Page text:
The February trade deficit numbers are out. Exports were up but imports were up way more than exports. Result: We shipped even more jobs and wealth out of the country in exchange for stuff we could have made here. That means we also shipped out essential components of our manufacturing ecosystem, further harming our ability to make a living in the future.
The U.S. Census Bureau reported Tuesday that the February goods and services trade deficit was an enormous, humongous $47.1 billion. The February goods deficit was $64.7 billion, offset by an $17.7 billion services surplus.
“February exports were $178.1 billion, $1.8 billion more than January exports. February imports were $225.1 billion, $3.0 billion more than January imports,” their statement read.
Chinese imports accounted for 44 percent of the overall U.S. trade deficit and monthly exports to China ($8.05 billion) were the lowest since April 2011. “The deficit with China increased $1.0 billion to $32.1 billion in February. Exports decreased $0.3 billion to $8.4 billion and imports increased $0.8 billion to $40.5 billion.”
This Is Called “Trading”?
Again: in February we bought $40.5 billion worth of stuff from China but only sold $8.4 billion worth of stuff to China. This goes on month after month, year after year and we don’t do anything about it because it is making a few people really, really rich by driving American wages down. And that’s called “trade”? That doesn’t sound like they’re engaging in “trading” with us at all. It sounds like they’re getting away with a scheme to bankrupt us.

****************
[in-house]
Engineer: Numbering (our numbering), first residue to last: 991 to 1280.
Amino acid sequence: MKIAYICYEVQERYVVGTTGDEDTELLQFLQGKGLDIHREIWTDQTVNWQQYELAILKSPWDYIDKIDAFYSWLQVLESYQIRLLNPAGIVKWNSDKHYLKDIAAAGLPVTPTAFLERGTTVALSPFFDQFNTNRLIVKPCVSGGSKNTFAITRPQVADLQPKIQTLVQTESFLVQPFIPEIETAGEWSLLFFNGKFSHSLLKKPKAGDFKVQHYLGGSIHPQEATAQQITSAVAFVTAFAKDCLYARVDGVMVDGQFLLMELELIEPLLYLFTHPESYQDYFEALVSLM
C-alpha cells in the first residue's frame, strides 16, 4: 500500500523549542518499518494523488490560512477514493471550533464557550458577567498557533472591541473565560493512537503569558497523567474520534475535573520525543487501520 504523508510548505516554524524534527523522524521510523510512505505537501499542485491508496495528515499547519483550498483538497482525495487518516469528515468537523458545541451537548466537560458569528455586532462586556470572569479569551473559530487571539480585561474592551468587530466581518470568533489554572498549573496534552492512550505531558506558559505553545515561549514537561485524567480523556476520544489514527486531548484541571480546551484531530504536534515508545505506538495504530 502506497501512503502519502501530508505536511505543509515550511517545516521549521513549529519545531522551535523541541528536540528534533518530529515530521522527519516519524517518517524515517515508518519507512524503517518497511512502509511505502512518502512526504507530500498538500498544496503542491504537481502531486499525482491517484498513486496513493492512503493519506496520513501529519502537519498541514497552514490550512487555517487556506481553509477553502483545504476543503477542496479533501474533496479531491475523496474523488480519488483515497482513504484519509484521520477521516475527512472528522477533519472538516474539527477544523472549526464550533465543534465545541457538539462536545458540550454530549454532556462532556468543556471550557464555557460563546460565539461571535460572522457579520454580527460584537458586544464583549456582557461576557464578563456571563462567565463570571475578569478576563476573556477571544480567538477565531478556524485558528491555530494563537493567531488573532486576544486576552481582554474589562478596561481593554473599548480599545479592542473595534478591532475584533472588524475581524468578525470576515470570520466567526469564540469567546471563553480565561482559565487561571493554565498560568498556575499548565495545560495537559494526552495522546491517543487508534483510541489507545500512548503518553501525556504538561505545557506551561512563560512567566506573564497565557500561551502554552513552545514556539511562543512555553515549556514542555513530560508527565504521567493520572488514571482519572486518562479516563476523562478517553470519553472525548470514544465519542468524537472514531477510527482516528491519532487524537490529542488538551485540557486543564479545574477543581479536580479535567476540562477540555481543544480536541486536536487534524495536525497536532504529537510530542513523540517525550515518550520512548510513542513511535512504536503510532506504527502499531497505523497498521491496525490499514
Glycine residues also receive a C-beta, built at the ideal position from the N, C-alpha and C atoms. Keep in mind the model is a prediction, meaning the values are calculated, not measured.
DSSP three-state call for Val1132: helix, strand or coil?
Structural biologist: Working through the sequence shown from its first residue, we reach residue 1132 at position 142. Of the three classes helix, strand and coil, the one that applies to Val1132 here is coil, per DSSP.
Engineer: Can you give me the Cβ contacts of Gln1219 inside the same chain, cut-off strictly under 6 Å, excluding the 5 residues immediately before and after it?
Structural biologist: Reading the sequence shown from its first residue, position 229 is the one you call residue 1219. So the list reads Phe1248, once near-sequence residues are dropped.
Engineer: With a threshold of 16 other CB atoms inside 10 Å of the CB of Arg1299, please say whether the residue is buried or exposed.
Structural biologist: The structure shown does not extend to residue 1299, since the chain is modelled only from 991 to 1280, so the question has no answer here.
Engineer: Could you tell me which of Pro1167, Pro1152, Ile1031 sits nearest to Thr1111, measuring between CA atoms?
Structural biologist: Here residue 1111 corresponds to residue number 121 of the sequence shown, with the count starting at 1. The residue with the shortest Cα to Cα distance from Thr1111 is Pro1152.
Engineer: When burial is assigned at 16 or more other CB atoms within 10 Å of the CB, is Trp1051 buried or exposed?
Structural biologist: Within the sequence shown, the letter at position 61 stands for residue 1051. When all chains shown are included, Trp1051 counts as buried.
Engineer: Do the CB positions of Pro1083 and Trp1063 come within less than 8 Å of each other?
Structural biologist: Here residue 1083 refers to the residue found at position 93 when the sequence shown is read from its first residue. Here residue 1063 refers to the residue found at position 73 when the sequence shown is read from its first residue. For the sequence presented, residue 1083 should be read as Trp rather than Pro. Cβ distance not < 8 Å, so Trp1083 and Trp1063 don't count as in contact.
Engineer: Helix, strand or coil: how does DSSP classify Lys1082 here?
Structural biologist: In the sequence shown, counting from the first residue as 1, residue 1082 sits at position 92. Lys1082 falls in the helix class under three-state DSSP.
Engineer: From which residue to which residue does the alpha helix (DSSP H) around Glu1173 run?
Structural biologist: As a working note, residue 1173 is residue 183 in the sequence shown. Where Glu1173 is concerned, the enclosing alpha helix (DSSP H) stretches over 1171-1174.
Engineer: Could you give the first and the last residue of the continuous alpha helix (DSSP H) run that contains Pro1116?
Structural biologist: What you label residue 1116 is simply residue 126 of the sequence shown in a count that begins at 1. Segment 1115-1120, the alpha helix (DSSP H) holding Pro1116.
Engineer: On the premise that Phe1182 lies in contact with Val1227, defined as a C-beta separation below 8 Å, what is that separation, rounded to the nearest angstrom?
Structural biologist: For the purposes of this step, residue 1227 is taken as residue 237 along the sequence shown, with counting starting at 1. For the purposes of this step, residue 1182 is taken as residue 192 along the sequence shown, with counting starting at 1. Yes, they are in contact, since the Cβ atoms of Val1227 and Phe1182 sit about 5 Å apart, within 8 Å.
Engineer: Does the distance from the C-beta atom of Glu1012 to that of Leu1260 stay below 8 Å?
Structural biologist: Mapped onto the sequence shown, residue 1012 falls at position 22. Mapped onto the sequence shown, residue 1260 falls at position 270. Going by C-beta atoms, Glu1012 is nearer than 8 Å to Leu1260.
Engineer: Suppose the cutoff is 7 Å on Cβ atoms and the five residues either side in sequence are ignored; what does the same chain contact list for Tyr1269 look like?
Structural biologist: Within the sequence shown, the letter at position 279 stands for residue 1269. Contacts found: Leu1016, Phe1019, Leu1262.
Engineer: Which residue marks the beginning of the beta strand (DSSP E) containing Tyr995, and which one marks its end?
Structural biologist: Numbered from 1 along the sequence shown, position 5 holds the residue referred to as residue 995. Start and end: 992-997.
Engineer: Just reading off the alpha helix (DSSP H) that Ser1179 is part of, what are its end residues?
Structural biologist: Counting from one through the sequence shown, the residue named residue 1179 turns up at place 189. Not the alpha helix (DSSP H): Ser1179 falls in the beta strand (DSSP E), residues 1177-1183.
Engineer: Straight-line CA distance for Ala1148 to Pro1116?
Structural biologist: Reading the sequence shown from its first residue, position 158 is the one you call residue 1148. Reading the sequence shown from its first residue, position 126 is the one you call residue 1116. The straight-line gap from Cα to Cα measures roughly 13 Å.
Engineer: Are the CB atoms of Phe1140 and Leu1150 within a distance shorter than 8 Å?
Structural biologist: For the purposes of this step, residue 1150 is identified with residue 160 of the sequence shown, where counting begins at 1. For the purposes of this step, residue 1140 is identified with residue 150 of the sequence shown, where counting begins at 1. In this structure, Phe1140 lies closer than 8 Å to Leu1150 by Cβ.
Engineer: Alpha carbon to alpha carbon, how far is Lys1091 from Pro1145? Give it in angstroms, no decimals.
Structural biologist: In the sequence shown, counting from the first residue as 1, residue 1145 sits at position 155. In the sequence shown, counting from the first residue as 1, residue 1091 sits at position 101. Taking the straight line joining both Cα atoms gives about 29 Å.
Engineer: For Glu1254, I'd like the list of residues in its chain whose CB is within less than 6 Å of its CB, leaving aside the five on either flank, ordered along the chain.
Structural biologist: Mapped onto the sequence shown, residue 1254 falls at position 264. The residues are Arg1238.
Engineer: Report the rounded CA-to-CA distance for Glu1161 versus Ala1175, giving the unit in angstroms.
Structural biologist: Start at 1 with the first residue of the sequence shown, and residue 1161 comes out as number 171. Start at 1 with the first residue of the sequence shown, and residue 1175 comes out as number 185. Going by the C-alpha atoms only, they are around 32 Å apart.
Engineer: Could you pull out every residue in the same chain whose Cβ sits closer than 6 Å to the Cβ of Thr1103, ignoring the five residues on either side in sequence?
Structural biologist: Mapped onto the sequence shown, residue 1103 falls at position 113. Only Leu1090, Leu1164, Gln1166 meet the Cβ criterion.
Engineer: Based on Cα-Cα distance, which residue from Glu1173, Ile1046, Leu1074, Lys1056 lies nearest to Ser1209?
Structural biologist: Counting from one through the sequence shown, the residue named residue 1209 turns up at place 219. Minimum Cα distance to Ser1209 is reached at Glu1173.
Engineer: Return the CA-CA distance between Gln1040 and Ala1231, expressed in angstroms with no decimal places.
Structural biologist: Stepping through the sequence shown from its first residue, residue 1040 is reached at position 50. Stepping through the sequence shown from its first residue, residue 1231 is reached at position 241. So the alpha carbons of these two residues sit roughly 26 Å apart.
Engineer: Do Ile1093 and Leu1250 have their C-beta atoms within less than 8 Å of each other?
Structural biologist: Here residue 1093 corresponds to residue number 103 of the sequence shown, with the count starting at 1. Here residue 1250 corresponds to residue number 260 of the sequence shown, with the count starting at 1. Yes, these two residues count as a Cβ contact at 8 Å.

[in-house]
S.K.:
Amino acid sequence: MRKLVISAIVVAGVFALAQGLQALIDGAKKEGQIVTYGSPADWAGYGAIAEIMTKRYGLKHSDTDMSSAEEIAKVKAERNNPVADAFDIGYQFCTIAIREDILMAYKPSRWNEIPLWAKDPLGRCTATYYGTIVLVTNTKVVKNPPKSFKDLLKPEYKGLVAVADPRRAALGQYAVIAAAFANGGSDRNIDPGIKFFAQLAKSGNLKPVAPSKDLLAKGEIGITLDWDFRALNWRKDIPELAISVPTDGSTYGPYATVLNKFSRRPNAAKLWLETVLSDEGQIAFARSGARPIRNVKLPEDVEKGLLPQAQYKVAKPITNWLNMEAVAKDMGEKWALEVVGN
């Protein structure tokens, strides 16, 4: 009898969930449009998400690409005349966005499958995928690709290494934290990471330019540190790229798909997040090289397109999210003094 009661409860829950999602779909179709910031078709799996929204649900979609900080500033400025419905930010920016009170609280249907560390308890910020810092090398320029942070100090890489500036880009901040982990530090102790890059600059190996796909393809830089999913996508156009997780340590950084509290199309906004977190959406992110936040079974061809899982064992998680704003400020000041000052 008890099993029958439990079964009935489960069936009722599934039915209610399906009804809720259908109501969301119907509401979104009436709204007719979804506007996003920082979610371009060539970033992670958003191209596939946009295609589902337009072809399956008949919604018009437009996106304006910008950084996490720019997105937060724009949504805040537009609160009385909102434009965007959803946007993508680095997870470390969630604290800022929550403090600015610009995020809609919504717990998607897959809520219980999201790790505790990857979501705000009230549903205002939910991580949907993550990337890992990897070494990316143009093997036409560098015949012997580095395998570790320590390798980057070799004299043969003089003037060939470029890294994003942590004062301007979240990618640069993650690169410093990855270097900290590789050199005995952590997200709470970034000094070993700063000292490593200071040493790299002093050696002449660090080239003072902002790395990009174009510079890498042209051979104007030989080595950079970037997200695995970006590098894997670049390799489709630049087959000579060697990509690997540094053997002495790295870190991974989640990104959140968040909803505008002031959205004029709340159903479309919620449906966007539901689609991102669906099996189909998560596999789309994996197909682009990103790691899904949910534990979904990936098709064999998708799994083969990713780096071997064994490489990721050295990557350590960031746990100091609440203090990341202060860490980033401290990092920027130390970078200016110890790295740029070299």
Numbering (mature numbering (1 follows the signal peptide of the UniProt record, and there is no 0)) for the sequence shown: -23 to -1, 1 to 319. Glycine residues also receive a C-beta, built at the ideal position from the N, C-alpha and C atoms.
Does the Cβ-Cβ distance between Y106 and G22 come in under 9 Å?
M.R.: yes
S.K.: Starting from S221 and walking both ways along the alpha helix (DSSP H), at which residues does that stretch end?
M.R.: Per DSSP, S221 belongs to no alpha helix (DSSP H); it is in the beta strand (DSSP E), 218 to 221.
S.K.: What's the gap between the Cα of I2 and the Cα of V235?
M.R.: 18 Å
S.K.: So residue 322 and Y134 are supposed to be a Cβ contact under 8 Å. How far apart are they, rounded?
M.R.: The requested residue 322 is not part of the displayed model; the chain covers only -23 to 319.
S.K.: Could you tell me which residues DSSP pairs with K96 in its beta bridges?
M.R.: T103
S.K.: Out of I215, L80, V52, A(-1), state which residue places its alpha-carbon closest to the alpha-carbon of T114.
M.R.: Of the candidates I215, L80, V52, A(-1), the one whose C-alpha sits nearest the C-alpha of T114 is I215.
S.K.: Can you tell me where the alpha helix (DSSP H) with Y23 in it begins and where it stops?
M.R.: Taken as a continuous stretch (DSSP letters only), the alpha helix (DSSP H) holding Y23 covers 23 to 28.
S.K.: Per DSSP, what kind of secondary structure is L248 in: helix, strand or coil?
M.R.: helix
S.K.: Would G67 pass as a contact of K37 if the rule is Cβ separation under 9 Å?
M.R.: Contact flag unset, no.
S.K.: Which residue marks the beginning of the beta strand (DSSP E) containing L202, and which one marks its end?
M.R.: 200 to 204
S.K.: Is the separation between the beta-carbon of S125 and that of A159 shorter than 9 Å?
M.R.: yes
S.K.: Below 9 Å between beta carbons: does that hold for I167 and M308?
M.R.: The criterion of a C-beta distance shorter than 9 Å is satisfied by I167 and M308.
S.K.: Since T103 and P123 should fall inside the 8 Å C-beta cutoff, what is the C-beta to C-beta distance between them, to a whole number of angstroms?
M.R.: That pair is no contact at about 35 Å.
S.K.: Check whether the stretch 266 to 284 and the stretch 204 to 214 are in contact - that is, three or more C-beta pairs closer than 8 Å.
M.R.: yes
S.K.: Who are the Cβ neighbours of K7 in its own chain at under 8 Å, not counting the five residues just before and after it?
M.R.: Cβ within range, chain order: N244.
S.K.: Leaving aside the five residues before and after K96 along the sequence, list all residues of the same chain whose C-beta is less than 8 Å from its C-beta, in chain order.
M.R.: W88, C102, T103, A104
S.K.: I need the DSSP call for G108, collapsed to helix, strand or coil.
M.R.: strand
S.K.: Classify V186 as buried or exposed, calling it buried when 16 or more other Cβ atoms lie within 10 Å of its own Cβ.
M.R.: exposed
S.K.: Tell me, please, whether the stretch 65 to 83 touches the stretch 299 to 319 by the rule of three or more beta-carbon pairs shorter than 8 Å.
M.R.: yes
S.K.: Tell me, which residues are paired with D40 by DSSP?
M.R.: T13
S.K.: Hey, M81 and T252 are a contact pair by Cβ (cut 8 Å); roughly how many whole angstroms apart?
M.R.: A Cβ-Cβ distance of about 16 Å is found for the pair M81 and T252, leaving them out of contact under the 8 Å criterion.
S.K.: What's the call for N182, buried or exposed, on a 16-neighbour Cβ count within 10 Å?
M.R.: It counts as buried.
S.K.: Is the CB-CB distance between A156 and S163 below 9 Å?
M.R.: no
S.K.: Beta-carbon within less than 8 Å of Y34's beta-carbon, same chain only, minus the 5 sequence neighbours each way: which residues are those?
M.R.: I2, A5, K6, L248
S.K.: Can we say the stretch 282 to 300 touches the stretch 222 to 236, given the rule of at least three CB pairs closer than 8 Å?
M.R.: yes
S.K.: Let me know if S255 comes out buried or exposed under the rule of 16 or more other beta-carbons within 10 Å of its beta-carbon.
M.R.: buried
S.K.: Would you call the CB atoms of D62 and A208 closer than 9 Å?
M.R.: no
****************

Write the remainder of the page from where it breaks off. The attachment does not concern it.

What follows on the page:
Alliance for American Manufacturing President Scott Paul commented on the trade deficit numbers:
“The trade deficit gives us some insight as to why so many manufacturing jobs have been shed over the past year, including 29,000 manufacturing jobs in March — and I worry the worst might be yet to come. The trade deficit with China continues to grow to new levels, and today’s numbers show that our trade weakness is not limited to China alone.”
These continuing enormous, humongous trade deficits are reflected in our country’s loss of good-paying jobs – especially manufacturing jobs. Last week’s post, “Jobs Report Highlights Trade, Manufacturing Problems,” discussed how our trade policies are driving jobs, factories, wealth, key components of our manufacturing ecosystem and overall ability to make a living out of the country,
In an otherwise OK jobs report, America’s manufacturing sector lost 29,000 jobs in March. This comes after a loss of jobs in February as well. So, no resulting upward pressure on wages.
Our country’s “deindustrialization” trade policies, which includes a “strong dollar” policy, are at the root of this problem. Also, our intentional lack of a national manufacturing/industrial/economic policy and plan hold back the growth of good-paying jobs and allow our manufacturing ecosystem to whither away.
Voters have certainly caught on that these disastrous trade policies, resulting in continuing enormous, humongous trade deficits, are driving jobs and wages away.